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NSW Wine urges State Government to prioritise local wine

NSW Wine has called upon its State Government to prioritise NSW Wine at local venues and events over international alternatives, arguing the need for a “NSW First” policy.

NSW Wine executive officer Matthew Jessop and board member, Brokenwood CEO Geoff Krieger, fronted an inquiry on Wednesday 26 June into the ‘procurement practices of NSW government agencies and its impact on the social development of the people of NSW’.

“Through its own procurement, whether that is at government-owned, operated or leased venues or at sponsored events, the NSW Government continues to buy more international and interstate wine than it does local wine,” said NSW Wine in a release to media on Friday.

In the lead-up to the 2023 NSW State Election, NSW Wine sought a commitment from all parties to establish a ‘NSW First’ wine procurement policy targeting 100% NSW wine in all NSW Government-owned, leased and tendered venues, plus events sponsored using NSW taxpayers money.

“The industry believes this is an opportunity for the NSW Government to show leadership to the whole of NSW,” said NSW Wine president Mark Bourne. “Our state produces world-class wines that deserve to be showcased at every government-affiliated event and venue. By implementing a ‘Buy NSW’ policy we can boost our local economy, support regional communities, and proudly present the best of NSW to visitors and residents alike.”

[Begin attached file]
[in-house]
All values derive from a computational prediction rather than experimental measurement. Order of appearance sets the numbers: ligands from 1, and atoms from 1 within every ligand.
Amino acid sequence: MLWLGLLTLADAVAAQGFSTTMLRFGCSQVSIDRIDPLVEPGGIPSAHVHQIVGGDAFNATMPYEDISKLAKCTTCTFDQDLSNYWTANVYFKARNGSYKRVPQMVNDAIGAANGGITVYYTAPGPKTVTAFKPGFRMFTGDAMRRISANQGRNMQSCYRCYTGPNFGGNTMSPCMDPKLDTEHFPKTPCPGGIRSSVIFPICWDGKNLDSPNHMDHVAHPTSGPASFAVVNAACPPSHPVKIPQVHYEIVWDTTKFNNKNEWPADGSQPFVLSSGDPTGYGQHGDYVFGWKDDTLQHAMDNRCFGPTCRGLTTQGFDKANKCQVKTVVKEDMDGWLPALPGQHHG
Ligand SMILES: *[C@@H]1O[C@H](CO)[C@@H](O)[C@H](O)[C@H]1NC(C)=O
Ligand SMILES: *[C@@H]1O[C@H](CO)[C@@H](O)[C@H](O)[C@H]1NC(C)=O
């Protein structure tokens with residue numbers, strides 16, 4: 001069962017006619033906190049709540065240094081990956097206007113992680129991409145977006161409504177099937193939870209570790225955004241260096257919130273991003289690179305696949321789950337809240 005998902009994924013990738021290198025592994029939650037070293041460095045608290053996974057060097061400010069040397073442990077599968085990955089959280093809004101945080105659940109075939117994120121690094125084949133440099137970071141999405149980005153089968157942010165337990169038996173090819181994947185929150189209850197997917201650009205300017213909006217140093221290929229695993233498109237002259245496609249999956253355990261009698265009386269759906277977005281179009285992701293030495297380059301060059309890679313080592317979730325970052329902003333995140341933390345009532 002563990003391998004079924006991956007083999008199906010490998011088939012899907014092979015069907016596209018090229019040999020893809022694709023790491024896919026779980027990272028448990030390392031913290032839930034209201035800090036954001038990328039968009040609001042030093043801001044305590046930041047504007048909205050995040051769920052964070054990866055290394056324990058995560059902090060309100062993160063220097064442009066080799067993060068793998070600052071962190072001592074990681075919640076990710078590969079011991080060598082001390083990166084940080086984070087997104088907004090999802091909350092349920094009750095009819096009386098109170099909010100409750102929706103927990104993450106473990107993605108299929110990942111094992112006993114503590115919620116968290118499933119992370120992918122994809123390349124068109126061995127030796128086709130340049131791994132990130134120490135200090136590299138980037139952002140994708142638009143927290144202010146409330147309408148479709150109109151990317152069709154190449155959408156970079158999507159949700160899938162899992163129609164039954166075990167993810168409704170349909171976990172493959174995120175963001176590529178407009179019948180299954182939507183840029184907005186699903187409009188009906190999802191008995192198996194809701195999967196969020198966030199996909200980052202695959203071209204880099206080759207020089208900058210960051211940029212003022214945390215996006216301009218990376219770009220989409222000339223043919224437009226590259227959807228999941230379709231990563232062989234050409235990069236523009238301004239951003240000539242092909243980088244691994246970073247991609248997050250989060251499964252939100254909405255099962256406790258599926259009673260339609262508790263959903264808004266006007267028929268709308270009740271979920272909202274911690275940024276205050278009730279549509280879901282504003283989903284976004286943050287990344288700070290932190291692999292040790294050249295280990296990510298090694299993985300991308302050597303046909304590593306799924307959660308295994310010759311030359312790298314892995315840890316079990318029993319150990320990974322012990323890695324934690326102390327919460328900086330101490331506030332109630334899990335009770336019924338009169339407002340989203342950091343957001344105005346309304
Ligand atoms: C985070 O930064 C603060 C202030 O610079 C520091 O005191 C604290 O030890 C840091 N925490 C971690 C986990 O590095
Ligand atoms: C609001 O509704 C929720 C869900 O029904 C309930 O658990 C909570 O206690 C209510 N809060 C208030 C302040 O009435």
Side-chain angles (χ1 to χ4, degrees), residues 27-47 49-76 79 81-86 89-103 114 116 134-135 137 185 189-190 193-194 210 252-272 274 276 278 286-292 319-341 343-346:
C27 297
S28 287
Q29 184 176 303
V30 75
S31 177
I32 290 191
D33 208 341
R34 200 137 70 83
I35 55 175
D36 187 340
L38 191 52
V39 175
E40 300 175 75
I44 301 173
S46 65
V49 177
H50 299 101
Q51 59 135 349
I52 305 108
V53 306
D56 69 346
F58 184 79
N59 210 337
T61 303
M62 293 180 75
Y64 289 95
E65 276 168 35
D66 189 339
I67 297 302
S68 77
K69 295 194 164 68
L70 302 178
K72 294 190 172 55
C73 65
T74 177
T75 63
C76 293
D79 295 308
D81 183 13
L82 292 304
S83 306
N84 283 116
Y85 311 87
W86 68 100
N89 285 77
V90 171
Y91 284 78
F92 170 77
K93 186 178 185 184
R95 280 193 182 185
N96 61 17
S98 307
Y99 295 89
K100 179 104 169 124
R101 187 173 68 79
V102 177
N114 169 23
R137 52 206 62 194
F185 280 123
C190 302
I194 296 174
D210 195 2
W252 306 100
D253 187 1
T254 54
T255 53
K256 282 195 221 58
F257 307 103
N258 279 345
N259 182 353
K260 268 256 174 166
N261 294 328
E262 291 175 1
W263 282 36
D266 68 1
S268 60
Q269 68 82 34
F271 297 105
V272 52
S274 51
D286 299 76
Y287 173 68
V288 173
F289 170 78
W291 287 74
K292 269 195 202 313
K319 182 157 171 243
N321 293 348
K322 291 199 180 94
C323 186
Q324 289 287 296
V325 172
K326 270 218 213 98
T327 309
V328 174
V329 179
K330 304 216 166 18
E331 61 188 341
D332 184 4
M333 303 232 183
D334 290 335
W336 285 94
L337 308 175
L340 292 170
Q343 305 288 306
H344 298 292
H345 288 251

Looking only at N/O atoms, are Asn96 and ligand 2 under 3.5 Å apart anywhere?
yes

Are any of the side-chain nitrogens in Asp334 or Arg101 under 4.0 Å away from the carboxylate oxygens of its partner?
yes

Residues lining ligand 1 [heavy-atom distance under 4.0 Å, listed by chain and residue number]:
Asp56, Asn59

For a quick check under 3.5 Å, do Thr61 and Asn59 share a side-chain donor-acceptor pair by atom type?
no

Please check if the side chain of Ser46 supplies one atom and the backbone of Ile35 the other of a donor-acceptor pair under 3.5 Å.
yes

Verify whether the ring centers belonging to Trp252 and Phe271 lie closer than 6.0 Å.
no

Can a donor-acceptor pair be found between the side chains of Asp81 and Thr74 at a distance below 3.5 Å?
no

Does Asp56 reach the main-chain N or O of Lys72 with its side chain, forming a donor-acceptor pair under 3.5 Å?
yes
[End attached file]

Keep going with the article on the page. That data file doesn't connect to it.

The association noted that the NSW Government has “significant buying power”.

“Not only could the NSW Government, directly and indirectly, become one of the NSW wine industry’s biggest customers, it could, and should, be our biggest supporter shining a light on our world-class producers and 16 unique wine regions,” said the association. “International or domestic visitors to Sydney should not sit at iconic venues like the Sydney Opera House drinking a glass of imported Italian Prosecco when they could be drinking award-winning local sparkling from Orange, Tumbarumba or the Southern Highlands.”

NSW Wine pointed to the International Convention Centre (ICC) Sydney as a “positive example” of the impact of such a policy in practice.

“Over the past seven years through its 100% NSW wine list it has purchased over 400,000 bottles of local wine,” said NSW Wine. “If the ICC Sydney can make it a cornerstone of its operations, NSW Wine asks why other NSW Government-owned and leased venues and sponsored events find it so hard?”

The inquiry provided NSW Wine with another opportunity to have this policy put on record.

A full transcript and video of the NSW Wine submission and representation at the inquiry is available here, beginning at the 1 hour 43 minute mark.

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